L is for Linoleic Acid and Losing Fat
Losing body fat is a common goal for many people, but it can be challenging to achieve. There are many different approaches to losing body fat, including diet, exercise, and supplements. One supplement that has received a lot of attention recently is linoleic acid. In this blog post, we will explore the relationship between losing body fat and linoleic acid, drawing on recent research in the field.
What is Linoleic Acid?
Linoleic acid is a polyunsaturated fatty acid that is essential for human health. It is found in many foods, including nuts, seeds, and vegetable oils. Linoleic acid is an omega-6 fatty acid, which means that it is one of the two types of essential fatty acids that the body cannot produce on its own and must be obtained through the diet.
The relationship between Linoleic Acid and body fat
There is some evidence to suggest that Linoleic acid may play a role in body fat regulation. A study published in the Journal of Nutrition found that supplementation with linoleic acid led to a reduction in body fat mass in overweight and obese adults (1). Another study published in the American Journal of Clinical Nutrition found that higher dietary intake of linoleic acid was associated with lower body fat percentage in men (2). These findings suggest that linoleic acid may be useful in promoting weight loss and reducing body fat.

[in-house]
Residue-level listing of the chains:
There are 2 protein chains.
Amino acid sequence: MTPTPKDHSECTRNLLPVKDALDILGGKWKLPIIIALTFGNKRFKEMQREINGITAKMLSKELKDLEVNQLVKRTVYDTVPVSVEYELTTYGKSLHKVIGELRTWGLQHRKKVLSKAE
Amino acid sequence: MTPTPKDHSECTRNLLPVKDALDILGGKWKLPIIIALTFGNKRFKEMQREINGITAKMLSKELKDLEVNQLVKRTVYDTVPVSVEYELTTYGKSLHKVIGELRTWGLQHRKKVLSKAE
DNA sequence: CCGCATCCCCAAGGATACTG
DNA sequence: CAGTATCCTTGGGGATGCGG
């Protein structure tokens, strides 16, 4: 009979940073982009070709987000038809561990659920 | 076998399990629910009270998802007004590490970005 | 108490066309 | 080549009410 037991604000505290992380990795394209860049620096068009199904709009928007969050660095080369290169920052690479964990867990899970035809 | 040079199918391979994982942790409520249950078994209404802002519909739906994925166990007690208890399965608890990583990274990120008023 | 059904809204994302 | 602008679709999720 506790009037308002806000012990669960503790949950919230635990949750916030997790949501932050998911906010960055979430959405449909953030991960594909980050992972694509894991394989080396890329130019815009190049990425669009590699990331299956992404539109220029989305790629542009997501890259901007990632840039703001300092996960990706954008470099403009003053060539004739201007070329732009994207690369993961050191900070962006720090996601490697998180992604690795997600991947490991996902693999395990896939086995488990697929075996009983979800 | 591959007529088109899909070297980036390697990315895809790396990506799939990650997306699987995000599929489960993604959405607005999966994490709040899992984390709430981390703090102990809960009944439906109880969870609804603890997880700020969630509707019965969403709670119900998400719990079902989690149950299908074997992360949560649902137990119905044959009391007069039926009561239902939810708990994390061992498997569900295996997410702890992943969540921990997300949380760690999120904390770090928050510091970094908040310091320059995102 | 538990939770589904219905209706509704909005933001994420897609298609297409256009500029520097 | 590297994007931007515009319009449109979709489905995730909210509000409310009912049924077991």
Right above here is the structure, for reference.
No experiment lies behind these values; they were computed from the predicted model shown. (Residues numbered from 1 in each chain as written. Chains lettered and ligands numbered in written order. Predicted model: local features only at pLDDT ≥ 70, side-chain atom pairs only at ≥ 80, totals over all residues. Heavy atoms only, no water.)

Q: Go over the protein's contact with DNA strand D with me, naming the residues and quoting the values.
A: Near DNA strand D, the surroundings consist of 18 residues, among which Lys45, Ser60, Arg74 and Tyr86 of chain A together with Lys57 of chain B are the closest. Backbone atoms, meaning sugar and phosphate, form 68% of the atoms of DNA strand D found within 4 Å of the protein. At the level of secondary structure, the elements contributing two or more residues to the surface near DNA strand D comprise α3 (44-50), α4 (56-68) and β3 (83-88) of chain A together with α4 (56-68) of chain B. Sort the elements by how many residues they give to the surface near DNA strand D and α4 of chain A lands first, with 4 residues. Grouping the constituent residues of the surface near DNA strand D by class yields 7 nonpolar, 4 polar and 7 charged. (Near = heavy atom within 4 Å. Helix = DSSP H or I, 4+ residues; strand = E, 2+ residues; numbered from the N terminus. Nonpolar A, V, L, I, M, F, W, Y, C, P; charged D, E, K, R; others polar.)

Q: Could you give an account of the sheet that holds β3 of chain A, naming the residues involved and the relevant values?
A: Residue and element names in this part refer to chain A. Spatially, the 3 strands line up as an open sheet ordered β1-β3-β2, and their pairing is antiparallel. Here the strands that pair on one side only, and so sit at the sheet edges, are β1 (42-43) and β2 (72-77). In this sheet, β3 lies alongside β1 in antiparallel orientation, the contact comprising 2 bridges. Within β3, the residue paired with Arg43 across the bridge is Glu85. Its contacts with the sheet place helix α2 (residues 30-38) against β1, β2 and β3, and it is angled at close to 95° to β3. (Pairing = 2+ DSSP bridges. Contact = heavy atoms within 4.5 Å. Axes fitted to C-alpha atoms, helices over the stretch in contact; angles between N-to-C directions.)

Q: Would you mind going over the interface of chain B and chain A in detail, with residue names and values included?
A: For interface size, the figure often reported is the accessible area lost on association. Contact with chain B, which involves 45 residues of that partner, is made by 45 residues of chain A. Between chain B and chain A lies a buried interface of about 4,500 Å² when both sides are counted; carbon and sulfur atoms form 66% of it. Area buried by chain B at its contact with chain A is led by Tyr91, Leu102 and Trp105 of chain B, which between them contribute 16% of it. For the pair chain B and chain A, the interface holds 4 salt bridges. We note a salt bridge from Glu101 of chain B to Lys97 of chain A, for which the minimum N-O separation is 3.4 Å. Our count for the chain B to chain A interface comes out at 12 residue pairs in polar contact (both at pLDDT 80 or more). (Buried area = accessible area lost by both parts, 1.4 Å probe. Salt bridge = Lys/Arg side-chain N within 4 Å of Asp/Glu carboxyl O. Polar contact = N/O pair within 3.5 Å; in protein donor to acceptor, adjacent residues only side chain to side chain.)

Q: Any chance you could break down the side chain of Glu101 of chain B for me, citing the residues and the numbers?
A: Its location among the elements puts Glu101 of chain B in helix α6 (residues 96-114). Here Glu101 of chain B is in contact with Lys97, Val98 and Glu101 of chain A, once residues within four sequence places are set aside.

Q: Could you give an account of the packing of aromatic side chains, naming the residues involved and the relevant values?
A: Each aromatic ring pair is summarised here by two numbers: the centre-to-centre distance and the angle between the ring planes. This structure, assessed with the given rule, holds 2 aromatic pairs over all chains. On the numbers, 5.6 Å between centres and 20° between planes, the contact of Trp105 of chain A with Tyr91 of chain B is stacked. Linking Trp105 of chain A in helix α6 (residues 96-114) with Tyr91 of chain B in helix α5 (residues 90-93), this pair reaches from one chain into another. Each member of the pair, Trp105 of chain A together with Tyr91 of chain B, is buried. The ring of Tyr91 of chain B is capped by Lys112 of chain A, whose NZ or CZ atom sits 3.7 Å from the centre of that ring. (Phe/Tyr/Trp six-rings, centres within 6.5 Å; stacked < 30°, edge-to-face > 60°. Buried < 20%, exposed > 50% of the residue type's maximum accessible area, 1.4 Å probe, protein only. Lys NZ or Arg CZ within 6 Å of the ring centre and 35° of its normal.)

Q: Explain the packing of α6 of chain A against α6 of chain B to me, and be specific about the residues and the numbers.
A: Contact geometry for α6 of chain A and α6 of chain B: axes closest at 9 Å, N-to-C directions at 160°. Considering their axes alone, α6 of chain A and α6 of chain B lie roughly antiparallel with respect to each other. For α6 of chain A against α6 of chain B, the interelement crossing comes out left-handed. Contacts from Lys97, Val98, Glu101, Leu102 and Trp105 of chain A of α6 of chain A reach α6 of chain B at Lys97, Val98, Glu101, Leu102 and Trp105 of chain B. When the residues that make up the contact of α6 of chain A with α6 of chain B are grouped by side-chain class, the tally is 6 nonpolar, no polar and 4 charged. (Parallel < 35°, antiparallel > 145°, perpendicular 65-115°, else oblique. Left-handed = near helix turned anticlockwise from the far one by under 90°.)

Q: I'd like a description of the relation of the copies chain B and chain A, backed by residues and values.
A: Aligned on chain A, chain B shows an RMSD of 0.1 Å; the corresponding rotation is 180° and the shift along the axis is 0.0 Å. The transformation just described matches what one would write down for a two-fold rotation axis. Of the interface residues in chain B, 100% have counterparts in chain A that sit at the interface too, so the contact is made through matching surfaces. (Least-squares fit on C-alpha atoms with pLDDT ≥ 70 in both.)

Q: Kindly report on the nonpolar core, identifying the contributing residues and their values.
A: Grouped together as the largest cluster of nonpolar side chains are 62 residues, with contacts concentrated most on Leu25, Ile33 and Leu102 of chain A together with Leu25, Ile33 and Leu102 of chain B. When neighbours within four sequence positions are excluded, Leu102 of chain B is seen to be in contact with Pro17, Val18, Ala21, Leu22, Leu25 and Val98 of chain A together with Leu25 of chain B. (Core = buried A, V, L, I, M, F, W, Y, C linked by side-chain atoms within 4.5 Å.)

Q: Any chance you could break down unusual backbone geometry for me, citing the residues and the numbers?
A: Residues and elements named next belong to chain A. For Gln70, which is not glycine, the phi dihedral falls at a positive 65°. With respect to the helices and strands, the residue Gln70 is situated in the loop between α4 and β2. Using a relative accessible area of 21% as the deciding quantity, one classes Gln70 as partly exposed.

Mechanisms of Action
The exact mechanisms by which linoleic acid affects body fat are not fully understood, but there are several theories. One possibility is that linoleic acid may increase the body’s metabolic rate, which would lead to increased calorie burning and weight loss (3). Another possibility is that linoleic acid may affect the body’s lipid metabolism, leading to a reduction in fat storage (4). More research is needed to fully understand the mechanisms of action of linoleic acid in relation to body fat regulation.
While linoleic acid has been shown to have some potential benefits for weight loss, it is important to note that there are also potential risks associated with its use. One study published in the Journal of Lipid Research found that high doses of linoleic acid may increase inflammation in the body (5). Another study published in the Journal of Agricultural and Food Chemistry found that excessive intake of linoleic acid may increase the risk of developing cancer (6). These findings suggest that caution should be exercised when using linoleic acid supplements, and that the appropriate dosage should be determined by a healthcare professional.
While there is some evidence to suggest that linoleic acid may be useful in promoting weight loss and reducing body fat, there are also potential risks associated with its use. More research is needed to fully understand the mechanisms of action of linoleic acid in relation to body fat regulation, and to determine the appropriate dosage for supplementation. If you are considering using linoleic acid supplements for weight loss, it is important to consult with a healthcare professional first.
Whigham LD, Watras AC, Schoeller DA. Efficacy of conjugated linoleic acid for reducing fat mass: a meta-analysis in humans. Am J Clin Nutr. 2007 May;85(5):1203-11. doi: 10.1093/ajcn/85.5.1203. PMID: 17490954.
Katcher HI, Hill AM, Lanford JL, Yoo JS, Kris-Etherton PM. Lifestyle approaches and dietary strategies to lower LDL-cholesterol and triglycerides and raise HDL-cholesterol. Endocrinol Metab Clin North Am. 2009 Sep;38(3):45